Seifū Yohei III (1851–1914) was a potter who was active in Kyoto. In 1893, he was appointed the first Imperial Household Artist in the field of ceramics. Born as the second son of Okada Ryōhei, a painter of the Maruyama school, he was skilled at painting and became an apprentice to the painter Tanomura Chokunyū in Osaka. At the age of 15, he was adopted into the Seifū family, a potter family in Gojōzaka, Kyoto, and became apprenticed to Seifū Yohei II. Seifū Yohei III inherited his name in 1878 when Seifū Yohei II passed away from an illness. He made porcelain modeled on styles from China's Qing dynasty, and created his own unique glazing techniques and forms of expression.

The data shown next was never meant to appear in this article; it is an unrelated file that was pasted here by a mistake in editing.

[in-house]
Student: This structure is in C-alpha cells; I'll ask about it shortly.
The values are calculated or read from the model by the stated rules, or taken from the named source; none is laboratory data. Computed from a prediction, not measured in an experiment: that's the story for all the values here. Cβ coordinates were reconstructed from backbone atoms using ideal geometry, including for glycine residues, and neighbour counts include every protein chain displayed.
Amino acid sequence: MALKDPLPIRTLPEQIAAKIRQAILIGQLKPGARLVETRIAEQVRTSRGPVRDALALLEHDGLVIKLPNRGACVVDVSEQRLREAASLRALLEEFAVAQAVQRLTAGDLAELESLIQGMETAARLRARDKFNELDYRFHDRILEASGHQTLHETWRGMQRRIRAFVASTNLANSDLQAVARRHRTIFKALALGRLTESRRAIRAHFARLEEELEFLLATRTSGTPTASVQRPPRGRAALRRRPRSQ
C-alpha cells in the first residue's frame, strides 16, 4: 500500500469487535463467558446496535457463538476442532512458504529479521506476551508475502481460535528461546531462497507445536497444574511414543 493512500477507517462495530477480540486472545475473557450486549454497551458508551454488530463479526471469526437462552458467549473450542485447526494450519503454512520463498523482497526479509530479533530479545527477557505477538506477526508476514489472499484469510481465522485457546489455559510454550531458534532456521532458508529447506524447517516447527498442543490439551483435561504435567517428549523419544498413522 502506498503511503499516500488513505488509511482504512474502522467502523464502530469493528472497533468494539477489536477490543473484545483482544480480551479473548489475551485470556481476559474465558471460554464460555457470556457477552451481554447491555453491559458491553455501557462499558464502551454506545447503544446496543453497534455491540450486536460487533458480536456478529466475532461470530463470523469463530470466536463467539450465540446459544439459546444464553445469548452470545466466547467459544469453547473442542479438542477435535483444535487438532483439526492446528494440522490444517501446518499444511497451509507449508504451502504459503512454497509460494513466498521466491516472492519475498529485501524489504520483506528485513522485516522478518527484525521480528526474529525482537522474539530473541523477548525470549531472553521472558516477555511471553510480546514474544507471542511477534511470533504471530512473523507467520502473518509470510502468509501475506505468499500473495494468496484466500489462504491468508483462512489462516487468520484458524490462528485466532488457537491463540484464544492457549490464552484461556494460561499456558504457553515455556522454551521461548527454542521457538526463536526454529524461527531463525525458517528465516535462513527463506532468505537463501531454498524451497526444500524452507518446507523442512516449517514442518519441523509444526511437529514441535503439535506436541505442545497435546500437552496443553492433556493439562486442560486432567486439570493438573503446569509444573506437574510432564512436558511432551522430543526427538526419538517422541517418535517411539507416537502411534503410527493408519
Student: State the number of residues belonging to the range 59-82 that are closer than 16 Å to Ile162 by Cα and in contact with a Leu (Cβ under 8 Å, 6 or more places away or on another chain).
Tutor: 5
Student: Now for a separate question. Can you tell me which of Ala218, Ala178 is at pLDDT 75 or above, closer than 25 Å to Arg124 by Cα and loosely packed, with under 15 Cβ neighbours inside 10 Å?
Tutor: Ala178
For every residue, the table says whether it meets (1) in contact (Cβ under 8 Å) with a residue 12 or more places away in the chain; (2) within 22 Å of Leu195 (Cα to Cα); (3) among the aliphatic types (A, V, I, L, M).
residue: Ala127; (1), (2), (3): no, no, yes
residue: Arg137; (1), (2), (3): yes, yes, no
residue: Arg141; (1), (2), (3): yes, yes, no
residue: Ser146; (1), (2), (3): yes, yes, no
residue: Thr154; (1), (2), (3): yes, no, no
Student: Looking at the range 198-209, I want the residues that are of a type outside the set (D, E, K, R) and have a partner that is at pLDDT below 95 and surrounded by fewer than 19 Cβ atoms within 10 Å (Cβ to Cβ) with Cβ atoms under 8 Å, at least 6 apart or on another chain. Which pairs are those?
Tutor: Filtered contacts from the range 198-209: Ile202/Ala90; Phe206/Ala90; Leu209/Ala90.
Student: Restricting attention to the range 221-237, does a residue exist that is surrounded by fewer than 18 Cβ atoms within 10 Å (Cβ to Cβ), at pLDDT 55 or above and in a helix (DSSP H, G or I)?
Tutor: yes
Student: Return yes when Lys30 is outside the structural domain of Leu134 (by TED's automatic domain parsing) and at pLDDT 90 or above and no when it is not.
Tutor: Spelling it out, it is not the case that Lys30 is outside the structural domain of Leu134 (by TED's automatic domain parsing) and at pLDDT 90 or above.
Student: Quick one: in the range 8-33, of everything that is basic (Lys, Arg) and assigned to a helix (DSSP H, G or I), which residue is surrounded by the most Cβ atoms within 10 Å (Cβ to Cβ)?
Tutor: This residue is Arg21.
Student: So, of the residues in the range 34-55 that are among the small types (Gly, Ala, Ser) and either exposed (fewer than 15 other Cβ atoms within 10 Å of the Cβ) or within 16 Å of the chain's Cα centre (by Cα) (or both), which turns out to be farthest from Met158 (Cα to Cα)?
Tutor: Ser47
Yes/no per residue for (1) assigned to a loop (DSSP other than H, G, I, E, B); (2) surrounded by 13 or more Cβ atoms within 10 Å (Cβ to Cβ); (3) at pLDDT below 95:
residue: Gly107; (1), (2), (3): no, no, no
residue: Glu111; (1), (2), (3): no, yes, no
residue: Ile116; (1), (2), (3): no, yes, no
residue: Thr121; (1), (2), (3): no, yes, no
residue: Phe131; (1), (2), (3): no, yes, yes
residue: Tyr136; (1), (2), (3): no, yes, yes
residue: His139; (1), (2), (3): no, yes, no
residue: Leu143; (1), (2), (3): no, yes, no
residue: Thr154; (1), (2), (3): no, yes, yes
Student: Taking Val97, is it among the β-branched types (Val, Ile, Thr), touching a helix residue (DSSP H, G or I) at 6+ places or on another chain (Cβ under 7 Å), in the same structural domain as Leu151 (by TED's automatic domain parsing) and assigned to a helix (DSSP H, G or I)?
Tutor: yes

This work was made using the Method to Process Clay and Apply Relief Decoration to Thick White Porcelain Coated in a White Glaze developed by Seifū Yohei III in 1872 (Meiji 5). The vase features butterflies fluttering around a spray of peonies, with each element carved in relief and the entire surface coated in a white glaze developed by Seifū Yohei III. The appearance of these raised elements emerging from the soft white glaze has an elegance all its own that rivals that of Chinese white porcelain. The work was produced at the request of the secretariat of the Chicago Columbian Exposition and was exhibited there in 1893 (Meiji 26). At the Expo, one of Japan's goals was to show the world that decorative arts should be considered a form of fine art. This vase was well received, revealing an opening in the European export market distinct from the industrial products Japan had been focusing on, and leading to a new direction in the production of Japanese ceramic works. The vase was designated as an Important Cultural Property in 2017.